“The current system for environmental regulation of forestry is complex and confusing with thousands of different rules across New Zealand’s 78 councils. This proposed standard will simplify the rules and save the forestry industry millions in compliance costs while ensuring environmental issues like wilding pines, protecting spawning fish and erosion are better managed,” Dr Smith says. . .

 

Government decision made on raw milk:

Food Safety Minister Jo Goodhew has today announced the Government’s decision to introduce a new policy around the sale of raw milk to consumers.

“Raw milk is a high risk food, particularly for children, the elderly, pregnant women and those with compromised immune systems,” says Mrs Goodhew.

“After extensive consultation and review, the Government decision will allow farmers to continue to sell raw milk directly to the public from the farm and via home deliveries.

“I recognise that people feel strongly about their right to buy and drink raw milk. Equally, I am also aware of the strong concerns about the public health risks associated with drinking raw milk and the potential risk to New Zealand’s food safety reputation. . .

Federated Farmers want to see fine print on raw milk:

Federated Farmers wants to see the fine print of the rules around selling raw milk before farmers will know it its worthwhile.

The Food Safety Minister Jo Goodhew has announced farmers will still be able to sell raw milk to consumers, and the government will not be implementing plans to abolish raw milk sales, restrict their volume or prohibit home deliveries.

Dairy spokesperson Andrew Hoggard says farmers value having a range of selling options. . .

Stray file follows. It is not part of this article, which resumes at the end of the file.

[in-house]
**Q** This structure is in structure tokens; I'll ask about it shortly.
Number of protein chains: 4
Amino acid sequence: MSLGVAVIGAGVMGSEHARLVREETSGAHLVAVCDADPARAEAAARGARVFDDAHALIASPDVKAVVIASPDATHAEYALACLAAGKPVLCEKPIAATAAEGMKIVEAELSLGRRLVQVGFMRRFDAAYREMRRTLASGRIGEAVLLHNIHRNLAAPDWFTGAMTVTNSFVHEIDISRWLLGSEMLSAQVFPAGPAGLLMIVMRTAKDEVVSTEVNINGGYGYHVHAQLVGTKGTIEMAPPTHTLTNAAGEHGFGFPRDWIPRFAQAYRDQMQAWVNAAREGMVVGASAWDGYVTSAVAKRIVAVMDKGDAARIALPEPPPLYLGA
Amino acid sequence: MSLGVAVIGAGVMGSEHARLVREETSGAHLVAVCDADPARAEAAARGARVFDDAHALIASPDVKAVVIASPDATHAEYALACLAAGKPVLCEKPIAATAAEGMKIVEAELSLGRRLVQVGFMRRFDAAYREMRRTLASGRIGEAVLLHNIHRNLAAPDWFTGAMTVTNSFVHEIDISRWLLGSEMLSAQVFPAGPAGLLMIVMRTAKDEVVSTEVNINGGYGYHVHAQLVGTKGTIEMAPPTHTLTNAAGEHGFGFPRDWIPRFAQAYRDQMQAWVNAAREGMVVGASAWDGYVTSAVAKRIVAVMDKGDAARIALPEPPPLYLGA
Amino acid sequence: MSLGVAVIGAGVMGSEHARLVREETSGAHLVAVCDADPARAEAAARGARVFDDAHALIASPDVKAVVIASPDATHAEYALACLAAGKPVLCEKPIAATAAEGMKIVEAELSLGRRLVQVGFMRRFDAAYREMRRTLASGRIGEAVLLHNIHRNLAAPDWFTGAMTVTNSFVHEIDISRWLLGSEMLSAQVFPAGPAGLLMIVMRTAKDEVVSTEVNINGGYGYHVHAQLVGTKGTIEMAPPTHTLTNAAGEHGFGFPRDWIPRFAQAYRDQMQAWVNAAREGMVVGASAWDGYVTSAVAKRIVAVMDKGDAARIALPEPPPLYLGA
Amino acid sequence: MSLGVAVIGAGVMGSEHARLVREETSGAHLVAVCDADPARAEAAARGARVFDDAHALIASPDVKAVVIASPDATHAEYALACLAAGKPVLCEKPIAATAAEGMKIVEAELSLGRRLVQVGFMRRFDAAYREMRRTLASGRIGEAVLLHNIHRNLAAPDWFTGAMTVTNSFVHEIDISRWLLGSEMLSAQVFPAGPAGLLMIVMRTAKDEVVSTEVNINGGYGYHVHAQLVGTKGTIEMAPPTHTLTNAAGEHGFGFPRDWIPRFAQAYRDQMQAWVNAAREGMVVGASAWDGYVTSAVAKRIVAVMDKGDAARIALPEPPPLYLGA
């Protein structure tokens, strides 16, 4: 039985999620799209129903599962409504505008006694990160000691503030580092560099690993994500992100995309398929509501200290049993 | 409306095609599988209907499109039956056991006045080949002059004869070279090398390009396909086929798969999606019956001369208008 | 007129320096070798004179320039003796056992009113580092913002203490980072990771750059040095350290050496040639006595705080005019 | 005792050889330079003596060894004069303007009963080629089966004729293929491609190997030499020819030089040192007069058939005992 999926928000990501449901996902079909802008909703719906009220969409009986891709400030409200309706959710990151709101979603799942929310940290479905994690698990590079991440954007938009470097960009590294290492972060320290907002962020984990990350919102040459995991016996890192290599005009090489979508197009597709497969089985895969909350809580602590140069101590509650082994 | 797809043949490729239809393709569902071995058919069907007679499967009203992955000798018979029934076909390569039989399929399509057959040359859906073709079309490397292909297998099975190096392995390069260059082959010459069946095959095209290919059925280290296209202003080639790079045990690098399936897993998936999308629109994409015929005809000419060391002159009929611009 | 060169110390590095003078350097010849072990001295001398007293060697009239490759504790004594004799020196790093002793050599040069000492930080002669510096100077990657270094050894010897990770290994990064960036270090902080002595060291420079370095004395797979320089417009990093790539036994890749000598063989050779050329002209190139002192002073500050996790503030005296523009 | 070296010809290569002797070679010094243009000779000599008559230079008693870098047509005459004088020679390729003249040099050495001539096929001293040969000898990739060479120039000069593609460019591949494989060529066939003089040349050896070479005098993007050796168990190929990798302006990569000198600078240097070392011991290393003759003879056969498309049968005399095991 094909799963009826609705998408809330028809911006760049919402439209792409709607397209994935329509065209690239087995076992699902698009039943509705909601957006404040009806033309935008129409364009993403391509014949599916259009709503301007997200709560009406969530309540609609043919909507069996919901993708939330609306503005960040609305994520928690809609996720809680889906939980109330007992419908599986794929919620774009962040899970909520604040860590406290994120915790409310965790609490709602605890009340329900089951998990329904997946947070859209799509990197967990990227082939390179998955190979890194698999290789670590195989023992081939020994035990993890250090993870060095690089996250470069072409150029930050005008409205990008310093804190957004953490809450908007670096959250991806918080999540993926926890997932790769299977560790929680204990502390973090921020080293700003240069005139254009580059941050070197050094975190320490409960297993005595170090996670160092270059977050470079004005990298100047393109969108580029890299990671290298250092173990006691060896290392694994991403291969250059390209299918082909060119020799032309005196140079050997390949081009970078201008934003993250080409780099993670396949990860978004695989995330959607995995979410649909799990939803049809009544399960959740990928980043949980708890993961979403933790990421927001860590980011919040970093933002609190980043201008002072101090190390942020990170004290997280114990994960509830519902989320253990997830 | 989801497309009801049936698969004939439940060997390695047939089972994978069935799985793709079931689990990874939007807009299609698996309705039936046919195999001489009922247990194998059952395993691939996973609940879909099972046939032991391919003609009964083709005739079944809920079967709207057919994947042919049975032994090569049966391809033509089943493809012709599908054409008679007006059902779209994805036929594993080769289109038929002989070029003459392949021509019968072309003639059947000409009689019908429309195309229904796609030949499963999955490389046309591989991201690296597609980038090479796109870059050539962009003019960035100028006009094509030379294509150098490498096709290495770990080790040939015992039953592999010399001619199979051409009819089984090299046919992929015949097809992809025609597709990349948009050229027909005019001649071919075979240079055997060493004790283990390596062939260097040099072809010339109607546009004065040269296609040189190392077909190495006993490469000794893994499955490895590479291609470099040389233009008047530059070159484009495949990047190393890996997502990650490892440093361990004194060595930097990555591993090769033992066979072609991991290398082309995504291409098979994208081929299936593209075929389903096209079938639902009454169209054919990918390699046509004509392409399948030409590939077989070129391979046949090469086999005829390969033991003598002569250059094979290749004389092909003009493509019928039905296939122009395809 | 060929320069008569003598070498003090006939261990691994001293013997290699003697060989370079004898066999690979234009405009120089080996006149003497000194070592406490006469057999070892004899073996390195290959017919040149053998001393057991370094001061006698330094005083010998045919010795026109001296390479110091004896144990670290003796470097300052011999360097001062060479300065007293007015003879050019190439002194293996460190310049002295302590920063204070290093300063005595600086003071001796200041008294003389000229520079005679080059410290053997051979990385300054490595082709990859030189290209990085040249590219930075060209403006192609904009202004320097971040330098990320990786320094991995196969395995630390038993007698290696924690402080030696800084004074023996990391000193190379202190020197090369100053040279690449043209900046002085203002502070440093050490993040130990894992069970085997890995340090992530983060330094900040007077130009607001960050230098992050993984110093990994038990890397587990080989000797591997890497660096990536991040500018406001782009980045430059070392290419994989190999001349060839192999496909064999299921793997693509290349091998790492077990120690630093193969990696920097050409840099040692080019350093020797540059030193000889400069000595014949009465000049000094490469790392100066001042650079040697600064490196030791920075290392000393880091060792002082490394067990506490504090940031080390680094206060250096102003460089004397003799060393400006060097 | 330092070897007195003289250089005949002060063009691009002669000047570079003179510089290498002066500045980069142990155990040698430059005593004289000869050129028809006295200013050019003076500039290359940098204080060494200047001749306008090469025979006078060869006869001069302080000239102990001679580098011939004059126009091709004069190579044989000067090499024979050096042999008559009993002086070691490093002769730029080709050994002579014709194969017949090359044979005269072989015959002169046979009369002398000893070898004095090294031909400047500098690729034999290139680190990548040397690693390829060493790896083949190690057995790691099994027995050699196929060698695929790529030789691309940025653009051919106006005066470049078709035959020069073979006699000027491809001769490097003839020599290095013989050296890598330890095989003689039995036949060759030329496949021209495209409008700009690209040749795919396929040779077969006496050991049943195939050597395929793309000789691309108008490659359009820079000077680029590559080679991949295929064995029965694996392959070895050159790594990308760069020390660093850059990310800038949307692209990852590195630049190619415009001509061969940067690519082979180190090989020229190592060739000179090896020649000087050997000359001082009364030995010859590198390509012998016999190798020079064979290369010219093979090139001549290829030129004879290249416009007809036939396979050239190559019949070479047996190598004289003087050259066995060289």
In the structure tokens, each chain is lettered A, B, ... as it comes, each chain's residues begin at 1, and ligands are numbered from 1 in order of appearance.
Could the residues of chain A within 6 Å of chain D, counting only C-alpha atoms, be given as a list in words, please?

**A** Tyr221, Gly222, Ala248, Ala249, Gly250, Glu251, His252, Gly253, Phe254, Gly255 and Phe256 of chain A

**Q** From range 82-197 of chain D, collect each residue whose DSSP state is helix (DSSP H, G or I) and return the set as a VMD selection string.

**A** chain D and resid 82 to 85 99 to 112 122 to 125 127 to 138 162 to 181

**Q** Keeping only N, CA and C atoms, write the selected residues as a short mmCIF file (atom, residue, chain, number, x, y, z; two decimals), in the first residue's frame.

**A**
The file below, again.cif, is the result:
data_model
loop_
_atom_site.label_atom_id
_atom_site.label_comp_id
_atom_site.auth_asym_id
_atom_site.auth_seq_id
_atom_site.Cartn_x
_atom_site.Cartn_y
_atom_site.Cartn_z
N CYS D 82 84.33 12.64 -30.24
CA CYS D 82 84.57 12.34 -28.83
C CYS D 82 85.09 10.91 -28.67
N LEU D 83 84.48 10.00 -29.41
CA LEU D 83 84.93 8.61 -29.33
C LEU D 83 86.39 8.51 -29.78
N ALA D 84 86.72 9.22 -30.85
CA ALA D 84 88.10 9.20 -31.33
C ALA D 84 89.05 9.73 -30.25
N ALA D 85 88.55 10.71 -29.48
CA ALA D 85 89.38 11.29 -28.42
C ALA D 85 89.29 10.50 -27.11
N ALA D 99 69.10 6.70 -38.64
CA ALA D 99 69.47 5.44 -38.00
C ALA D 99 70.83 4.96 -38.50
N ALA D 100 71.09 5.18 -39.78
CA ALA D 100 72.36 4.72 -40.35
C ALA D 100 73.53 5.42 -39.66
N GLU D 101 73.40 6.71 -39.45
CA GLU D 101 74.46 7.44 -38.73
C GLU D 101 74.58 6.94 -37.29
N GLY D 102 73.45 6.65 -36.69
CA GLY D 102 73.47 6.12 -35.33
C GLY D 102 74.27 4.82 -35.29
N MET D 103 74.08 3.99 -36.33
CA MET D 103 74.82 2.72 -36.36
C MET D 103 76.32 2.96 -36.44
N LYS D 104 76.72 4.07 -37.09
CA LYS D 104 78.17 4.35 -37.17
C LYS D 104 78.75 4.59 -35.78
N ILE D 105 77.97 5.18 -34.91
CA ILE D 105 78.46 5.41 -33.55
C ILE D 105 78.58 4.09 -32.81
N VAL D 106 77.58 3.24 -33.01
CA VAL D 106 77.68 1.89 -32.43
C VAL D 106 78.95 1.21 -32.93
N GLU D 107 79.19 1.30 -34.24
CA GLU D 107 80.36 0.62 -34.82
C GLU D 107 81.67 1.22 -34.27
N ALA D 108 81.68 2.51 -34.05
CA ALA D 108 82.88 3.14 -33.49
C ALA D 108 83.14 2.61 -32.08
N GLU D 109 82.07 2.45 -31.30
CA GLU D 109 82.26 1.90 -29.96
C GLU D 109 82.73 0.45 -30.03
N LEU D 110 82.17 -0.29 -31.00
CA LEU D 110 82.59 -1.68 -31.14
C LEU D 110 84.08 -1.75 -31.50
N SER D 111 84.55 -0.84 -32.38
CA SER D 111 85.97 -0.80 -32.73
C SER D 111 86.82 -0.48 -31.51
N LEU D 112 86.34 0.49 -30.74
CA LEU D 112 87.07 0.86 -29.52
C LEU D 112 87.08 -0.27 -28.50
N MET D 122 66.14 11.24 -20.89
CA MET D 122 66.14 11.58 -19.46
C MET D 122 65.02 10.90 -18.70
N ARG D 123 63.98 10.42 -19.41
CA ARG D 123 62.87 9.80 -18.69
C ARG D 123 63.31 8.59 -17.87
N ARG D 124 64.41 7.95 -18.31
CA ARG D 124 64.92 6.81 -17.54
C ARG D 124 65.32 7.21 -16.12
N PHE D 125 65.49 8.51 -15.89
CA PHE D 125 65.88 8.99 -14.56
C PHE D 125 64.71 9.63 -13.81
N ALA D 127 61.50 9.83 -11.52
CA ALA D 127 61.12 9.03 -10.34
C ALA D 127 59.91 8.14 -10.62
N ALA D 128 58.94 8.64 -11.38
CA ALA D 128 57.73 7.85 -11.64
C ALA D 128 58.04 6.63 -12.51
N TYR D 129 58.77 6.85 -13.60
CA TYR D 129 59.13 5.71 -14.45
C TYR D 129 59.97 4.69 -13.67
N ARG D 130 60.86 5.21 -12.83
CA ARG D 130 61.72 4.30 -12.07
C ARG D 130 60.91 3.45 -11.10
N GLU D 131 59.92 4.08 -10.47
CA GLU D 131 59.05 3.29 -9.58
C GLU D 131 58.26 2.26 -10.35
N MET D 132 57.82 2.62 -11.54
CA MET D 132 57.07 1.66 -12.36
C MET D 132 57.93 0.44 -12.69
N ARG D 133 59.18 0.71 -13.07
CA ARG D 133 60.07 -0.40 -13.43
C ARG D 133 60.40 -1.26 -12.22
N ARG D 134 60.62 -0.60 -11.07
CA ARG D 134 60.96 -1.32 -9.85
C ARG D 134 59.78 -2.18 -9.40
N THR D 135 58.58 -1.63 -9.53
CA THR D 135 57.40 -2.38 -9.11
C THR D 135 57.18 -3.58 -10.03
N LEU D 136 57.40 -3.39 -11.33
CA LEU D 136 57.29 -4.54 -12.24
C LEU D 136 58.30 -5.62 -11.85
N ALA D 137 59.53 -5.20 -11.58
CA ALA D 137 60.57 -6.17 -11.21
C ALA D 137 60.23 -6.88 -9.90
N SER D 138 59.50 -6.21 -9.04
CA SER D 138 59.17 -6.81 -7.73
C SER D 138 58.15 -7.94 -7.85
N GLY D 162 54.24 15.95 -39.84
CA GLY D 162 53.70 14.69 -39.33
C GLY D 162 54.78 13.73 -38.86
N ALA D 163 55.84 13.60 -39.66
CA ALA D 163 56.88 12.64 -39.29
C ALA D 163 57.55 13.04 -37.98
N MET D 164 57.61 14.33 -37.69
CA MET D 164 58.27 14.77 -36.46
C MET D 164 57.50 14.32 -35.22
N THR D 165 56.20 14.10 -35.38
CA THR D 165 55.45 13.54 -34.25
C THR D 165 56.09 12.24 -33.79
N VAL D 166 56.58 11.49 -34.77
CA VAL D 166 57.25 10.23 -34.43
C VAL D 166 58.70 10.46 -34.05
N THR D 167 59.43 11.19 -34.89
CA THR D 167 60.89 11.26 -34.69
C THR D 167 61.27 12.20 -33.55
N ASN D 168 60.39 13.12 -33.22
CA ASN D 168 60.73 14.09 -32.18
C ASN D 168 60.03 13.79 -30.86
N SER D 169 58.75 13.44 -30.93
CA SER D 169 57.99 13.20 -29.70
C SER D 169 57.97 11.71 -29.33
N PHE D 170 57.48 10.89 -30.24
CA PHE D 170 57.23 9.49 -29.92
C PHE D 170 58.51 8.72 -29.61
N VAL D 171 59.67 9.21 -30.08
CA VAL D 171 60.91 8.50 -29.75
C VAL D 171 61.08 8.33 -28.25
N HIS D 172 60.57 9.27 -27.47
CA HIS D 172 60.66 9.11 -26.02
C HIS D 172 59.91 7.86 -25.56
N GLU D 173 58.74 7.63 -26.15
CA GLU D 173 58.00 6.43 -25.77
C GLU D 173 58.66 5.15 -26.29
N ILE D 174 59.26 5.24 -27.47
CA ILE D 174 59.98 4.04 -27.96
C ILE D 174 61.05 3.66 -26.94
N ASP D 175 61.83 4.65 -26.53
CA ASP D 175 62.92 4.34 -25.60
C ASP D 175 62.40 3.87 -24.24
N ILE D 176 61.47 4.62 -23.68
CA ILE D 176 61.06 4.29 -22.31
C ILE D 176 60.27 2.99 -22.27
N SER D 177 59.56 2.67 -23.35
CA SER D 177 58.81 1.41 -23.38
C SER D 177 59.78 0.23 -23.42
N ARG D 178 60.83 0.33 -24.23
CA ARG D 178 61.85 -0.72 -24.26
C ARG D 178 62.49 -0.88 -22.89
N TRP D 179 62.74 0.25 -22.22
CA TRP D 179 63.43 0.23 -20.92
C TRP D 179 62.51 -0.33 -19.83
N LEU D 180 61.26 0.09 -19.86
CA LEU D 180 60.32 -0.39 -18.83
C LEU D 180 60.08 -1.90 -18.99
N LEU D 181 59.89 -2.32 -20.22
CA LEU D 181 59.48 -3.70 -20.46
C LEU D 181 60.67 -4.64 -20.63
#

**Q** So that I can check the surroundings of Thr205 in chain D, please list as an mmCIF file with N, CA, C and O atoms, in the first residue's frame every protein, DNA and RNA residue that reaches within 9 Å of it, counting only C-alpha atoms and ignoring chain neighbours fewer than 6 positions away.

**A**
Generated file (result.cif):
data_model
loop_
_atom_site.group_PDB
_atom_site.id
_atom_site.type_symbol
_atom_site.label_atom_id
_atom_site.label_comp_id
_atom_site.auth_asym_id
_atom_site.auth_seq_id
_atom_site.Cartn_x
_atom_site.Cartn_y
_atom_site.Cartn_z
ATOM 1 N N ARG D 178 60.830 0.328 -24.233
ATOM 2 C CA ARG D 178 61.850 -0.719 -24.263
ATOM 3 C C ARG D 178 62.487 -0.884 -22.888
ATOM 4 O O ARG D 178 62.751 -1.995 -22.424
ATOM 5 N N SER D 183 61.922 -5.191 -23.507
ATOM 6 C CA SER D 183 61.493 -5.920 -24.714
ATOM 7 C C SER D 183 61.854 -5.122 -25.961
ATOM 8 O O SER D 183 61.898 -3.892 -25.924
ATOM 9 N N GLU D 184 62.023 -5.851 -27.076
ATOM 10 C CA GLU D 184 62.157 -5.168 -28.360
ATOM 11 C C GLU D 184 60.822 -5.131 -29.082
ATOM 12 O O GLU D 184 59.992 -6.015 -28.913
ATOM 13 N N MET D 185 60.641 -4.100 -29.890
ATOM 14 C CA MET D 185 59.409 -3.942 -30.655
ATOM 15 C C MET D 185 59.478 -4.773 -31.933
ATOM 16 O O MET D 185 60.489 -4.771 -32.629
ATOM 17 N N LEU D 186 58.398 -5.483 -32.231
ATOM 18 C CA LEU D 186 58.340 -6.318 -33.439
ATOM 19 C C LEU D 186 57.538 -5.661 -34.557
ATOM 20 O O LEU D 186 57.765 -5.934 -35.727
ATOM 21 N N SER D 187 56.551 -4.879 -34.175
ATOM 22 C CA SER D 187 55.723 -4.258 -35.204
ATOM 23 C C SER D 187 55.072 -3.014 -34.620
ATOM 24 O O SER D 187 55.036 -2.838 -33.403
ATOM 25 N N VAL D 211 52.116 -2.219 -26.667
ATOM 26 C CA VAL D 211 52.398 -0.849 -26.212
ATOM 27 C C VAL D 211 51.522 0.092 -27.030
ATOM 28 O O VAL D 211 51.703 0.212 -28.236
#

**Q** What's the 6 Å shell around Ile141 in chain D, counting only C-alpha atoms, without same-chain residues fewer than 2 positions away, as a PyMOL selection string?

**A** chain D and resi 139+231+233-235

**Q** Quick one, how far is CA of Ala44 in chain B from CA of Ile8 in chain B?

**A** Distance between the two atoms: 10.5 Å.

Hort leaders connect with students to grow industry:

Although the number of horticulture students has increased, it is still not enough to satisfy demands. Now, industry leaders are connecting with Massey University in an effort to grow graduates in the sector.

Massey University offers the only horticulture degree course at university level in New Zealand. One of the partnerships it has is with Horticulture New Zealand.

Senior business manager at Horticulture New Zealand Sue Pickering gives a guest lecture to students taking the first-year Horticulture Production paper. . .

Seeka reports record crop volumes handled for 2014-15 harvest:

Seeka Kiwifruit Industries has packed a record number of trays in the just-completed 2015 kiwifruit harvest, handling more than 26.3 million class 1 export trays, compared to 20.0 million class 1 trays in 2014. The total volume of all classes of kiwifruit is expected to exceed 27.4 million trays this year. This compares to the 24.944m forecast to shareholders at ASM held on 28 April 2015.

Both Hayward [Green] and Gold class 1 volumes are up. Total Hayward packed or in store for 2015 is 21.8 million trays compared to 18.1 million in the previous year. Gold volumes in 2015 totalled 4.3 million trays and compare against 1.7 million in the previous year. Seeka also packed approximately 200,000 trays of the Zespri G14 SweetGreen. . .